Besides testing itself, that helped to detect 12114 major and crucial defects, the a1qa specialists assured quality of migration to a new ERP system and conducted a series of trainings to the client’s team.

The client have turned to the a1qa managers’ consultations on every new QA hire.

Thanks to careful and diligent documentation developed by the a1qa technical writers, significant time and efforts saving were achieved and QA maturity was brought to a high level.

The product was successfully shipped to market with all the goals achieved on time.

The client has teamed up with our QA team for a number of other projects and the cooperation continues to date.


Almost 30 thousand test cases to support. To cut down the number of test cases, some improvements were introduced:

  • The Test Case Matrix to cover several checks by one test case
  • The Component Matrix utilization. It contained all the The Test Case Matrixes with test cases for the appropriate component of the system
  • 'Program' field. The field indicated the programs (in terms of which housing authorities cooperated with their clients) the test cases were valid for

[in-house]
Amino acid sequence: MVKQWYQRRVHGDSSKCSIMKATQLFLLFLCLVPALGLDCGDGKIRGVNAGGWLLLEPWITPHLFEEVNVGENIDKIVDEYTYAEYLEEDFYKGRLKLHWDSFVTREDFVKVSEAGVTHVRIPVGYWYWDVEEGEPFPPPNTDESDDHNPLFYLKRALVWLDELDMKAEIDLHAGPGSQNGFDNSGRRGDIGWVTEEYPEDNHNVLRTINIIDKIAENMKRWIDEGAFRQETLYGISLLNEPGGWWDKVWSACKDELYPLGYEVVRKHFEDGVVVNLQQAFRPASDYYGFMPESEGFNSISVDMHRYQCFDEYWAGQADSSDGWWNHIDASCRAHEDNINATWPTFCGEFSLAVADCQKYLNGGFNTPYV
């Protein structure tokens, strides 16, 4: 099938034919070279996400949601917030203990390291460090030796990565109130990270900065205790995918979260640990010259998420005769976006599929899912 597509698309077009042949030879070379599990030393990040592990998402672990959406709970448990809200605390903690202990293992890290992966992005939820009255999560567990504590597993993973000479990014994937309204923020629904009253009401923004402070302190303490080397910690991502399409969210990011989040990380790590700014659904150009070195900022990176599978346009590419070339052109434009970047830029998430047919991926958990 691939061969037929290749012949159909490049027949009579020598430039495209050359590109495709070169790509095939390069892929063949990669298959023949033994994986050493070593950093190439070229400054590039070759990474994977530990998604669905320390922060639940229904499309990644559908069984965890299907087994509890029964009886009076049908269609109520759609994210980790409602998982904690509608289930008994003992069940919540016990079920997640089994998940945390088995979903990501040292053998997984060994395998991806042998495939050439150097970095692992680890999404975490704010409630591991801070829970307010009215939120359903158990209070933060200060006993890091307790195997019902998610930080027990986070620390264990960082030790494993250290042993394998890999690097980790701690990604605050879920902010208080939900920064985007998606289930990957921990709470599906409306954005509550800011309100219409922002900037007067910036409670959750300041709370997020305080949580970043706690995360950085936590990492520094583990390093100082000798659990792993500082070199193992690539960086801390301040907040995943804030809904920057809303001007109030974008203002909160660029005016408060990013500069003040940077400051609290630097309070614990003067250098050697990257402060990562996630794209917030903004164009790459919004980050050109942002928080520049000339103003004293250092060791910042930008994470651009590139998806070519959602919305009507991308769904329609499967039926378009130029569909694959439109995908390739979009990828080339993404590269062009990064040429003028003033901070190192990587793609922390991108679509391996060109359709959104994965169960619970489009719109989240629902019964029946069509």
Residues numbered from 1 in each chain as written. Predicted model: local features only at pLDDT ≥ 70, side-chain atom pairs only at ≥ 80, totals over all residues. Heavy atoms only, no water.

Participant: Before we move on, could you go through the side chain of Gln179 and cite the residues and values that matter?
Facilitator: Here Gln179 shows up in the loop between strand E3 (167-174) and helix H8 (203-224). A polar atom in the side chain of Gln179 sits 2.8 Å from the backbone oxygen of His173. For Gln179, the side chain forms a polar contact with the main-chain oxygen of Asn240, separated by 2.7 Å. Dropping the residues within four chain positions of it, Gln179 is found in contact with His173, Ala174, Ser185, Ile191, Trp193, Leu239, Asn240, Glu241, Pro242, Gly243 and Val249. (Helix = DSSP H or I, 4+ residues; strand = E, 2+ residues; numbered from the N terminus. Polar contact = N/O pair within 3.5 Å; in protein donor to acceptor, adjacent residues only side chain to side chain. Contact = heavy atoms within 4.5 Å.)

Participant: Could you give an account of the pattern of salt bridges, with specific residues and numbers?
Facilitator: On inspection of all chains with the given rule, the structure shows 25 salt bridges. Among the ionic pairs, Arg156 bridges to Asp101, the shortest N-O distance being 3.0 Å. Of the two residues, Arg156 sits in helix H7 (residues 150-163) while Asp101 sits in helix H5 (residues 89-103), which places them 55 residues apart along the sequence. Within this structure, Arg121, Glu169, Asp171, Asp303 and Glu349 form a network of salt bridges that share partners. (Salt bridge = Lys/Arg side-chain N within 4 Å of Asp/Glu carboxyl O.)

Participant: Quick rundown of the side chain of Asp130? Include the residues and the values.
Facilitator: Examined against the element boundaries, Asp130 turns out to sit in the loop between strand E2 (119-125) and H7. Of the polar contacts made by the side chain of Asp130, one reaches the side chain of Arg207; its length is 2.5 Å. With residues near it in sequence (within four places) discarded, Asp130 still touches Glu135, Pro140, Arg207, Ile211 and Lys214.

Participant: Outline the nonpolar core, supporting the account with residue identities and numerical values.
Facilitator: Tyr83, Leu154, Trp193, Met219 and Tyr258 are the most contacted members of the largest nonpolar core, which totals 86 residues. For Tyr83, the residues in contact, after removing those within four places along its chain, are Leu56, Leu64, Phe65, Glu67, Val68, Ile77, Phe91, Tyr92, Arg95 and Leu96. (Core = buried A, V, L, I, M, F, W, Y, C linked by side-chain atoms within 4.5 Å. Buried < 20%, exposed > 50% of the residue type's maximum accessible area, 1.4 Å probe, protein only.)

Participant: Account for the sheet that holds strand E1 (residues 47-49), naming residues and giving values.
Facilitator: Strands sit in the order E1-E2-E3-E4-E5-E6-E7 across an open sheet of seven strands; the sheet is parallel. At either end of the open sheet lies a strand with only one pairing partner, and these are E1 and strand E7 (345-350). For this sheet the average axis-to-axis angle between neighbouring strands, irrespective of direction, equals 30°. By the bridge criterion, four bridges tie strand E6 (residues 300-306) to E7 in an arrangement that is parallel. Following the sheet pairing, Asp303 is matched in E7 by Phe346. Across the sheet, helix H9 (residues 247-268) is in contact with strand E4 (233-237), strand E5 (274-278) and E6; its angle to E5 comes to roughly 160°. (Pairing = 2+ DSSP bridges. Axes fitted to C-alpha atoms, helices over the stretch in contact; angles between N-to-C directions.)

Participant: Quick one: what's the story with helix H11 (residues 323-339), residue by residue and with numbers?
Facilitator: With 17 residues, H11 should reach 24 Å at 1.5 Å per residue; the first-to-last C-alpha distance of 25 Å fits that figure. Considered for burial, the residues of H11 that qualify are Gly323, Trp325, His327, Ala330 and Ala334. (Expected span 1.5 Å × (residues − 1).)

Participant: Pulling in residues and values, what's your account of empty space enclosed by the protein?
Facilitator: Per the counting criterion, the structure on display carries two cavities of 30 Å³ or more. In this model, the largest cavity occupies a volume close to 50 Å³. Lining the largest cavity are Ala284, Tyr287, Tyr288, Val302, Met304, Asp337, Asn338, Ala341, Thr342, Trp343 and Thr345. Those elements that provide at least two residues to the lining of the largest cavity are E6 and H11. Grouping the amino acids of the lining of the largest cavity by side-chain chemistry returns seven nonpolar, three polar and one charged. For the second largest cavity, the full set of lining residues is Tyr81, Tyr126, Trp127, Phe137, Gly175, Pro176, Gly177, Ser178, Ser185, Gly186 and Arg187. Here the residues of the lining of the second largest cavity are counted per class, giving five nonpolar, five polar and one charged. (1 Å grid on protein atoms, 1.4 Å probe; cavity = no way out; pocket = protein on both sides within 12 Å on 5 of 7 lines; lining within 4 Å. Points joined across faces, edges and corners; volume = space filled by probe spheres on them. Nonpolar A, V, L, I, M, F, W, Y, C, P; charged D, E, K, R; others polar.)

• 'Repeat' steps. If test cases differed in one step only, one test case was created and the step they differed in was added. Two almost identical test cases were replaced with a single one.

Large scope of regression testing:

  • All the sprint activities were put on hold and all the QA teams switched to 'KendoUI+IE11' test, while the DEV team addressed tech tasks and debugging. It took the team about 300 hours to fulfill it and due to the combination of the two tests about 100 hours were saved. Testing was completed within 2 weeks and the QA teams returned to the sprint activities.

Testing in two branches:

  • Full-cycle testing was carried out in both branches. But then the results were analyzed and it turned out that most of the issues are reproduced in both branches. Therefore, the scope of testing in the second branch was minimized with the full test performed in the branch with the current release only.

Communication with Dev and BA:

  • The QA team designed the Questions & Answers page. All the questions from QA engineers and developers and answers from BA were posted in this page. Q&A pages became an additional type of requirements.
  • 5+
    years of project duration
  • 12114
    major and crucial defects detected
  • 100%
    delivering on time and within budget